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Case study 1

A 56 year old male presents to the emergency department with 2 hours of excruciating pain in the right flank and groin radiating into the scrotum

He has had associated nausea and vomiting.
No fever or chills

He had a few twinges of less severe pain over past 2 months

At time of exam he is very anxious, writhing, unable to find comfortable position


Describe the workup of case study 1

Exam: Right costovertebral angle tenderness, Mild RLQ tenderness, Abdomen is not rigid, no guarding or rebound tenderness, No testicular mass or tenderness

Blood work: CBC, BMP normal

UA shows moderate blood with many RBCs, No sign of UTI

Imaging: Noncontrast CT abdomen/pelvis


What is on your differential diagnosis?

- Renal or ureteral stone
- Hydronephrosis (ureteropelvic junction obstruction, sloughed papilla)
- Bacterial cystitis or pyleonephritis
- Acute abdomen (bowel, biliary, pancreas or aortic abdominal aneurysm sources)
- Gynecologic in females(ectopic pregnancy, ovarian cyst torsion or rupture)
- Radicular pain (L1 herpes zoster, sciatica)
- Referred pain (orchitis)


Describe the CT results

- Stone stuck in the ureter
- Kidney is dilated


What are urinary calculi?

- Kidney stones are solutes that occur in amounts too high to stay dissolved (supersaturated) in urine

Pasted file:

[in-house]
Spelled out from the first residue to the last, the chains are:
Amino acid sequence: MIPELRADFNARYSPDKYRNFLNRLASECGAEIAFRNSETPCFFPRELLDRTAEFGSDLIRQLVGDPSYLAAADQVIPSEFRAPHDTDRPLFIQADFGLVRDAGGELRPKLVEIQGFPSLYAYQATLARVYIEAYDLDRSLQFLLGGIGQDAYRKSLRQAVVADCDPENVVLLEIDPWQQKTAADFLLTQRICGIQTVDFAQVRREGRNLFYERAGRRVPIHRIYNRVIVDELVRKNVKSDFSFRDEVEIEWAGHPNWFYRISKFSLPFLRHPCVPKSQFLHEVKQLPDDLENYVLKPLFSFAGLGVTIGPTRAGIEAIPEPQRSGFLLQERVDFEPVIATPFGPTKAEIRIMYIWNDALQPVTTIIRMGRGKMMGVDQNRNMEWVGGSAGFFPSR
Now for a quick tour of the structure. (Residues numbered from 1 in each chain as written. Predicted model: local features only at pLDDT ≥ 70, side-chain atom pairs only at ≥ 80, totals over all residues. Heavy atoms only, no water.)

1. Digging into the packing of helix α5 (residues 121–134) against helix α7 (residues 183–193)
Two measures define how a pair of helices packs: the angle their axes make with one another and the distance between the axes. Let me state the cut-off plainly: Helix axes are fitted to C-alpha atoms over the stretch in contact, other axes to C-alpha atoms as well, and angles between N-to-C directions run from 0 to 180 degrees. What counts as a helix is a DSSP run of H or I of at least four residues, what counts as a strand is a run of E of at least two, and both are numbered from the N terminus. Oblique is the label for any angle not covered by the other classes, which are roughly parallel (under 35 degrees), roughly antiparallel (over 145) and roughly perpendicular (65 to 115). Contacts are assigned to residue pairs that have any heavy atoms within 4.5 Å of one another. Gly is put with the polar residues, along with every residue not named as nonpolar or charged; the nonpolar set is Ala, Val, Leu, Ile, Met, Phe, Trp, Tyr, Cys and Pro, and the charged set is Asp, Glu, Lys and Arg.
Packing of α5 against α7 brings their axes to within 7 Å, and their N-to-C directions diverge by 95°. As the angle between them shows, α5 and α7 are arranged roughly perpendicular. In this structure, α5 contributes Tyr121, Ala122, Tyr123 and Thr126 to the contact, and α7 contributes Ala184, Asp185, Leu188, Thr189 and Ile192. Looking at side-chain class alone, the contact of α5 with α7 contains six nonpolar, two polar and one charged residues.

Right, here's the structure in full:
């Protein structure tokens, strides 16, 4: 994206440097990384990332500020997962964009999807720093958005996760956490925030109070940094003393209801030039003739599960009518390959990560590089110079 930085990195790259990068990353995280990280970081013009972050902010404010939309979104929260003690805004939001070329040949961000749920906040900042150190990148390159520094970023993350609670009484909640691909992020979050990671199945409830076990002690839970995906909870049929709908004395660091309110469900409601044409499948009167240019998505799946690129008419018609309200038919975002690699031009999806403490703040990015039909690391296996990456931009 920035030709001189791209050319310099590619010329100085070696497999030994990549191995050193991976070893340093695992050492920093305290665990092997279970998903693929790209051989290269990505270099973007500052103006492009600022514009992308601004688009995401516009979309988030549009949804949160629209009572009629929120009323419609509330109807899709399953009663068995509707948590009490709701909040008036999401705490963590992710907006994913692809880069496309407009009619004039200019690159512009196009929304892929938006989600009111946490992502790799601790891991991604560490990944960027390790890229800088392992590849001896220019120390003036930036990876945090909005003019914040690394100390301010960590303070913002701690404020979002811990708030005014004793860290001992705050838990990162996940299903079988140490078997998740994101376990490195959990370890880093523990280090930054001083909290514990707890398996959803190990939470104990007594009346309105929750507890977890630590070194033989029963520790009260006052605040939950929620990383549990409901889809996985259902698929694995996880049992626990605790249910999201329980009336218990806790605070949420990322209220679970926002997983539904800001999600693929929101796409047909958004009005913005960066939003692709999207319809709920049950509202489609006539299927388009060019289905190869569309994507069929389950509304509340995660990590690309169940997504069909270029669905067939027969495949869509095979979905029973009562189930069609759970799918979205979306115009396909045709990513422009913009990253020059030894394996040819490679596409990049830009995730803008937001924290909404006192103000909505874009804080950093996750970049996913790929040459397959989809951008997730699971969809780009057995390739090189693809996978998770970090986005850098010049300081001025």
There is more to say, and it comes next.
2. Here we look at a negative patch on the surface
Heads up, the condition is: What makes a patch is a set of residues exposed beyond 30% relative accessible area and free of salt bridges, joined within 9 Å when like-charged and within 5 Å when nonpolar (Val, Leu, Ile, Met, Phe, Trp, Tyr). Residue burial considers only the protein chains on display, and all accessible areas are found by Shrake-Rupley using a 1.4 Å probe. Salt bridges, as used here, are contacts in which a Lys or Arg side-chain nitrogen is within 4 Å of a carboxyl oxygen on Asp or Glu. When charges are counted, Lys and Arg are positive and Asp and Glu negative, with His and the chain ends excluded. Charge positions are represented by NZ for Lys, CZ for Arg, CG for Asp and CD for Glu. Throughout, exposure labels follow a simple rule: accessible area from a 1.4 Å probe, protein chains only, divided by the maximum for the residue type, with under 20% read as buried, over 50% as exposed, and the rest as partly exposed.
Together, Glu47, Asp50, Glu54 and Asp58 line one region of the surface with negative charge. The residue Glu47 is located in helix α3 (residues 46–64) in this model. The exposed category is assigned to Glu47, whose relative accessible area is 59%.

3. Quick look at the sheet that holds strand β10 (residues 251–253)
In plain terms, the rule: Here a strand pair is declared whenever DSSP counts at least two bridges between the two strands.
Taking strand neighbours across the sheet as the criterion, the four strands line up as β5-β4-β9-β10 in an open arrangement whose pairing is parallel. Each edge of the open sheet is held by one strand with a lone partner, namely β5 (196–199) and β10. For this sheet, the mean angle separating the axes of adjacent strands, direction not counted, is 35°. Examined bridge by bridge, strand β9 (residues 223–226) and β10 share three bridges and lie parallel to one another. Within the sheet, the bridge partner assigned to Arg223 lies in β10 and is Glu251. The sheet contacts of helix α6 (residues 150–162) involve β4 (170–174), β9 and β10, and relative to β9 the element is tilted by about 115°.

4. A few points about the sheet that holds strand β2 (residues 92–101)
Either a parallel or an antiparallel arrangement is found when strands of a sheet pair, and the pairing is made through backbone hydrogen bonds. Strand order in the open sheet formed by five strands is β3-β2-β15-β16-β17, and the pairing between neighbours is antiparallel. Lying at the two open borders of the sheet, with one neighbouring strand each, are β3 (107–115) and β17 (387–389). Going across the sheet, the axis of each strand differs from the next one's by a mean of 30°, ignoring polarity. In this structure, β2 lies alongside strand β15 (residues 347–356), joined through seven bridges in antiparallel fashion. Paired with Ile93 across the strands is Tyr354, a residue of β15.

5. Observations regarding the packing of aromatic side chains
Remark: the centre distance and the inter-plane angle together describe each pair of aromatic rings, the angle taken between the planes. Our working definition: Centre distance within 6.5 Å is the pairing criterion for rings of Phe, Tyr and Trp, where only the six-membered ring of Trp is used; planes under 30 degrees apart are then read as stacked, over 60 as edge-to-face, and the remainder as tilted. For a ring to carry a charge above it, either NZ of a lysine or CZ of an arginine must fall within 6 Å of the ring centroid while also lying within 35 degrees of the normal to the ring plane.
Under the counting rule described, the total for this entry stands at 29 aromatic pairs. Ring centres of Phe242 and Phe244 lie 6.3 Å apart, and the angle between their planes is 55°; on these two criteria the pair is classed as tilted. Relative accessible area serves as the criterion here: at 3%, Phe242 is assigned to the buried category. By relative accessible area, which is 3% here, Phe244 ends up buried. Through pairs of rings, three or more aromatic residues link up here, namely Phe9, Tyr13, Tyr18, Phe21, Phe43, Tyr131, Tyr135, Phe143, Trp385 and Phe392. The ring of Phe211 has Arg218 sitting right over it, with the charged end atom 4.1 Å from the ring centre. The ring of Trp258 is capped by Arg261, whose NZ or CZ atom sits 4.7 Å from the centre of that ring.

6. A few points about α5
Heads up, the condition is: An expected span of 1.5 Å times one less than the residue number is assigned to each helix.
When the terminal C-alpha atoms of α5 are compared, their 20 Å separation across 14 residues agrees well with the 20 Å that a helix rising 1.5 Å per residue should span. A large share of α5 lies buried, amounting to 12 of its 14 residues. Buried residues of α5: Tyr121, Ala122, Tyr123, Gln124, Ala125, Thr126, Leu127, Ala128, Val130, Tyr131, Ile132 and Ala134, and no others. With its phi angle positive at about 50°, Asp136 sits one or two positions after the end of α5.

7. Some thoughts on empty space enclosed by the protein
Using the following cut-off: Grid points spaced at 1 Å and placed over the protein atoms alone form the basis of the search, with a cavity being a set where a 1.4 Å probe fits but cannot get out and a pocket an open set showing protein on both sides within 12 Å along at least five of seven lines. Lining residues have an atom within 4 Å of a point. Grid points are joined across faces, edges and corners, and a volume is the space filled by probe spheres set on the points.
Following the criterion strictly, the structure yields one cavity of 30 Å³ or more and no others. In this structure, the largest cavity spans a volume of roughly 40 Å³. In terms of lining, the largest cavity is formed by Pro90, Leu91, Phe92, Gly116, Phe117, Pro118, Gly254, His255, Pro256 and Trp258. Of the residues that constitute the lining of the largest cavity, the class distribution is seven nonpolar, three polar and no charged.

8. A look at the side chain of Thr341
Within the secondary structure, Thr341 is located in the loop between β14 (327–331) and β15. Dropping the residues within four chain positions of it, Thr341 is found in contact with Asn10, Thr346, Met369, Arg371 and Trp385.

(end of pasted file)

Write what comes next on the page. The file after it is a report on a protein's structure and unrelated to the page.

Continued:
Solutes precipitate and aggregate to form concretions or stones


What is the most common composition of stones?

Calcium oxalate


What are the other compositions of stones?

From most to least common
- Uric acid
- Struvite (magnesium ammonium phosphate)
- Calcium phosphate
- Cystine


Describe the gold standard imaging protocol for a suspected stone

- CT is best imaging modality to detect urinary calculi. Detects over 96% of stones (study of choice *****)


What are some other imaging options for a stone?

- KUB x-ray may detect 70-80% of stones but may miss smaller calculi. Overlying bowel gas can obscure visualization
- Intravenous urogram (IVU) commonly was utilized prior to wide spread use of CT. Detects up to 80-90% of stones but more time consuming.
- Renal ultrasound (US) can detect most intrarenal stones and hydronephrosis, but not sensitive for ureteral stones. Study of choice for suspected stone in pregnant women


What happens in the first 2 hours of having a renal obstruction

- Increased renal pelvic pressures
- Increased renal blood flow
- As renal pelvic pressure increases, glomerular filtration (GFR) decreases

This back flow pressure and stretching is what hurts like crazy


What happens at 6-24 hours after developing a renal obstruction?

- Renal pelvic pressures remain elevated
- Renal blood flow diminishes


What happens at more than 24 hours after developing a renal obstruction?

- Renal pelvic pressures trend down towards baseline (but remain elevated)
- Renal blood flow continues to diminish.
- If persistent, the obstruction (high grade complete obstruction) leads to renal ischemia and permanent damage typically occurs within 2 weeks


What should you note about this timeline of renal obstruction?

The pattern of pain tends to increase and decrease